(2) For purposes of this subsection, subject matter developed by another person and a claimed invention shall be deemed to have been
owned by the same person or subject to an obligation of assignment to the same person if—
(A) the claimed invention was made by or on behalf of parties to a joint research agreement that was in effect on or before the date the
claimed invention was made;
(B) the claimed invention was made as a result of activities undertaken within the scope of the joint research agreement; and
C) the application for patent for the claimed invention discloses or is amended to disclose the names of the parties to the joint research
agreement.
(3) For purposes of paragraph (2), the term “joint research agreement” means a written contract, grant, or cooperative agreement entered
into by two or more persons or entities for the performance of experimental, developmental, or research work in the field of the claimed
invention.
27
May be copied or otherwise used for educational purposes.
Sec. 103. Conditions for patentability; non-obvious subject matter
(a) A patent may not be obtained though the invention is not identically disclosed or described as set forth in section 102 of this title, if
the differences between the subject matter sought to be patented and the prior art are such that the subject matter as a whole would have
been obvious at the time the invention was made to a person having ordinary skill in the art to which said subject matter pertains.
Patentability shall not be negatived by the manner in which the invention was made.
(b)(1) Notwithstanding subsection (a), and upon timely election by the applicant for patent to proceed under this subsection, a
biotechnological process using or resulting in a composition of matter that is novel under section 102 and nonobvious under subsection (a) of
this section shall be considered nonobvious if –
(A) claims to the process and the composition of matter are contained in either the same application for patent or in separate applications
having the same effective filing date; and
(B) the composition of matter, and the process at the time it was invented, were owned by the same person or subject to an obligation of
assignment to the same person.
(2) A patent issued on a process under paragraph (1) –
(A) shall also contain the claims to the composition of matter used in or made by that process, or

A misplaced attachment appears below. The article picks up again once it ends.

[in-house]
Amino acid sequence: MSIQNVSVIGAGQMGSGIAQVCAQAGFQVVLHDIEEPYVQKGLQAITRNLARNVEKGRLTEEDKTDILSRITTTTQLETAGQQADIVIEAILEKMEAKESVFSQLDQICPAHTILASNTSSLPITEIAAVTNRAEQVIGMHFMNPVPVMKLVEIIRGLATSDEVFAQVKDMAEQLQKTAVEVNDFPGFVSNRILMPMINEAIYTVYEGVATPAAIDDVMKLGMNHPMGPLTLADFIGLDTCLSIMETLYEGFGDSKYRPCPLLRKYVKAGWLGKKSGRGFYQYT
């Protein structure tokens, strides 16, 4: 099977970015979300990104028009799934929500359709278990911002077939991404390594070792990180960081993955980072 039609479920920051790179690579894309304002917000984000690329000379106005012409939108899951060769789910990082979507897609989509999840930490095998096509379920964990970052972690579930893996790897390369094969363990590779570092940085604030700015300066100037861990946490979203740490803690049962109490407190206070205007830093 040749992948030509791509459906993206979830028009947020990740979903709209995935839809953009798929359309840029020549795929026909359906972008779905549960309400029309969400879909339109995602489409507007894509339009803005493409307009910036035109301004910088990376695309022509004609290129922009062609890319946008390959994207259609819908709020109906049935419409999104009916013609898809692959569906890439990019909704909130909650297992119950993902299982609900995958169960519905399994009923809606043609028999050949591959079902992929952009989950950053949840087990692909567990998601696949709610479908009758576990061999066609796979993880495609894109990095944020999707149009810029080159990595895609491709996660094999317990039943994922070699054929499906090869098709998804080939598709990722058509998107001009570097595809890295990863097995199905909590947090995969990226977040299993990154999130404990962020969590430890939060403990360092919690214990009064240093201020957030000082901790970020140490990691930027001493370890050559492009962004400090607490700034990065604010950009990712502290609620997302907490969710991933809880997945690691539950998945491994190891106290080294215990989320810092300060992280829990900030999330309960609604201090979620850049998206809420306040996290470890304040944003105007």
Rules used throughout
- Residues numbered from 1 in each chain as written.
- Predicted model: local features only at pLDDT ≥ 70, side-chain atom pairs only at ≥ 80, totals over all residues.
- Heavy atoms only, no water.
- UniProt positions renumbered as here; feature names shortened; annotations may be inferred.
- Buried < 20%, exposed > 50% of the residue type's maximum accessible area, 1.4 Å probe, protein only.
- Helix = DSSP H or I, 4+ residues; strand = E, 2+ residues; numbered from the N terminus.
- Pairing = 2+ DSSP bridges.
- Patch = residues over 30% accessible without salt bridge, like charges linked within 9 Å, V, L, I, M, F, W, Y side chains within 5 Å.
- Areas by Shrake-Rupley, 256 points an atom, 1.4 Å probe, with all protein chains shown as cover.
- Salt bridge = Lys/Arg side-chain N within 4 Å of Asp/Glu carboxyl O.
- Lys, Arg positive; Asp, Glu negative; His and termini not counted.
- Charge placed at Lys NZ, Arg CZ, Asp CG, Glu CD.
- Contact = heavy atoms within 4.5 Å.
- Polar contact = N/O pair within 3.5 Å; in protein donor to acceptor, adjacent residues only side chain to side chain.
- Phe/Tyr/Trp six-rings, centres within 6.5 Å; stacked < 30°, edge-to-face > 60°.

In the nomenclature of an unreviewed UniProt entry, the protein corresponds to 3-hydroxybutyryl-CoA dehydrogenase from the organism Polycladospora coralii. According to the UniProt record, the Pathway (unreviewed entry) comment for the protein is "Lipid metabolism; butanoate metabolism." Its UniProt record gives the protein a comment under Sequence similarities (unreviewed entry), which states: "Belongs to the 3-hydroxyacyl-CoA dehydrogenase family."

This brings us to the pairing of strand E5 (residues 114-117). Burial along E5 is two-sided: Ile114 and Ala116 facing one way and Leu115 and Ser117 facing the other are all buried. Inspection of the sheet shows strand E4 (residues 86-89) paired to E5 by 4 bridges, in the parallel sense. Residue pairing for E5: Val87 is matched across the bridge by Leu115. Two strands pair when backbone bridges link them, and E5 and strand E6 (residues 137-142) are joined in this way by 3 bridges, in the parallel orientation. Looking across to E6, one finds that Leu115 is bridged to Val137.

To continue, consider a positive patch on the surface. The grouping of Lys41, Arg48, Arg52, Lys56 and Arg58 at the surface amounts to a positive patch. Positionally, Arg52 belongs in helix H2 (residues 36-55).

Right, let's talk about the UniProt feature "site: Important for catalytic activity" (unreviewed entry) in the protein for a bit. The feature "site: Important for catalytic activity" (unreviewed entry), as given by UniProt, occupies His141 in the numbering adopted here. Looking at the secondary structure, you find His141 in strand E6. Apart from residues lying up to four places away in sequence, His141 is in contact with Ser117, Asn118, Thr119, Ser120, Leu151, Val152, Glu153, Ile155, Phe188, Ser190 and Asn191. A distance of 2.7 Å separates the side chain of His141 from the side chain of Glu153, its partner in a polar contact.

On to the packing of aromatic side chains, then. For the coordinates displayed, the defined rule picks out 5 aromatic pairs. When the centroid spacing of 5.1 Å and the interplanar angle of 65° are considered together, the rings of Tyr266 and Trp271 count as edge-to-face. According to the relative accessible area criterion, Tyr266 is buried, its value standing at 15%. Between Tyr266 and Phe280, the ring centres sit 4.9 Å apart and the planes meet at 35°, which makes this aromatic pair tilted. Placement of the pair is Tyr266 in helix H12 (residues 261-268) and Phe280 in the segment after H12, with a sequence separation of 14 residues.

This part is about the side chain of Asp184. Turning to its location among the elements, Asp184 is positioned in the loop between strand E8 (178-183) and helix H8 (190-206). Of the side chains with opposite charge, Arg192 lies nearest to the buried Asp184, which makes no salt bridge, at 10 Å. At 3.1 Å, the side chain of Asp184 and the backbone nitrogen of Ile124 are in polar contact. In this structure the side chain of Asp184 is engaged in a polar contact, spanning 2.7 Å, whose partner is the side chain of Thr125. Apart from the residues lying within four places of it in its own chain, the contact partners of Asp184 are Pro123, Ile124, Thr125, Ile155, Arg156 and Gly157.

(B) shall, if such composition of matter is claimed in another patent, be set to expire on the same date as such other patent,
notwithstanding section 154.
(3) For purposes of paragraph (1), the term “biotechnological process” means –
(A) a process of genetically altering or otherwise inducing a single– or multi-celled organism to –
(i) express an exogenous nucleotide sequence,
(ii) inhibit, eliminate, augment, or alter expression of an endogenous nucleotide sequence, or
(iii) express a specific physiological characteristic not naturally associated with said organism;
(B) cell fusion procedures yielding a cell line that expresses a specific protein, such as a monoclonal antibody; and
(C) a method of using a product produced by a process defined by subparagraph (A) or (B), or a combination of subparagraphs (A) and (B).
(c)(1) Subject matter developed by another person, which qualifies as prior art only under one or more of subsections (e), (f), and (g) of
section 102 of this title, shall not preclude patentability under this section where the subject matter and the claimed invention were, at the
time the invention was made, owned by the same person or subject to an obligation of assignment to the same person.
(2) For purposes of this subsection, subject matter developed by another person and a claimed invention shall be deemed to have been
owned by the same person or subject to an obligation of assignment to the same person if—
(A) the claimed invention was made by or on behalf of parties to a joint research agreement that was in effect on or before the date the
claimed invention was made;
(B) the claimed invention was made as a result of activities undertaken within the scope of the joint research agreement; and
C) the application for patent for the claimed invention discloses or is amended to disclose the names of the parties to the joint research
agreement.
(3) For purposes of paragraph (2), the term “joint research agreement” means a written contract, grant, or cooperative agreement entered
into by two or more persons or entities for the performance of experimental, developmental, or research work in the field of the claimed
invention.
28
May be copied or otherwise used for educational purposes.
(a) A patent may not be obtained though the invention is not identically disclosed or described as set forth in
section 102 of this title, if the differences between the subject matter sought to be patented and the prior art are
such that the subject matter as a whole would have been obvious at the time the invention was made to a
person having ordinary skill in the art to which said subject matter pertains. Patentability shall not be negatived
by the manner in which the invention was made.
Pre-AIA
§103(a)
Simplify,
Clarify
Language
(a) A patent may not be obtained notwithstanding that though the invention is not identically disclosed or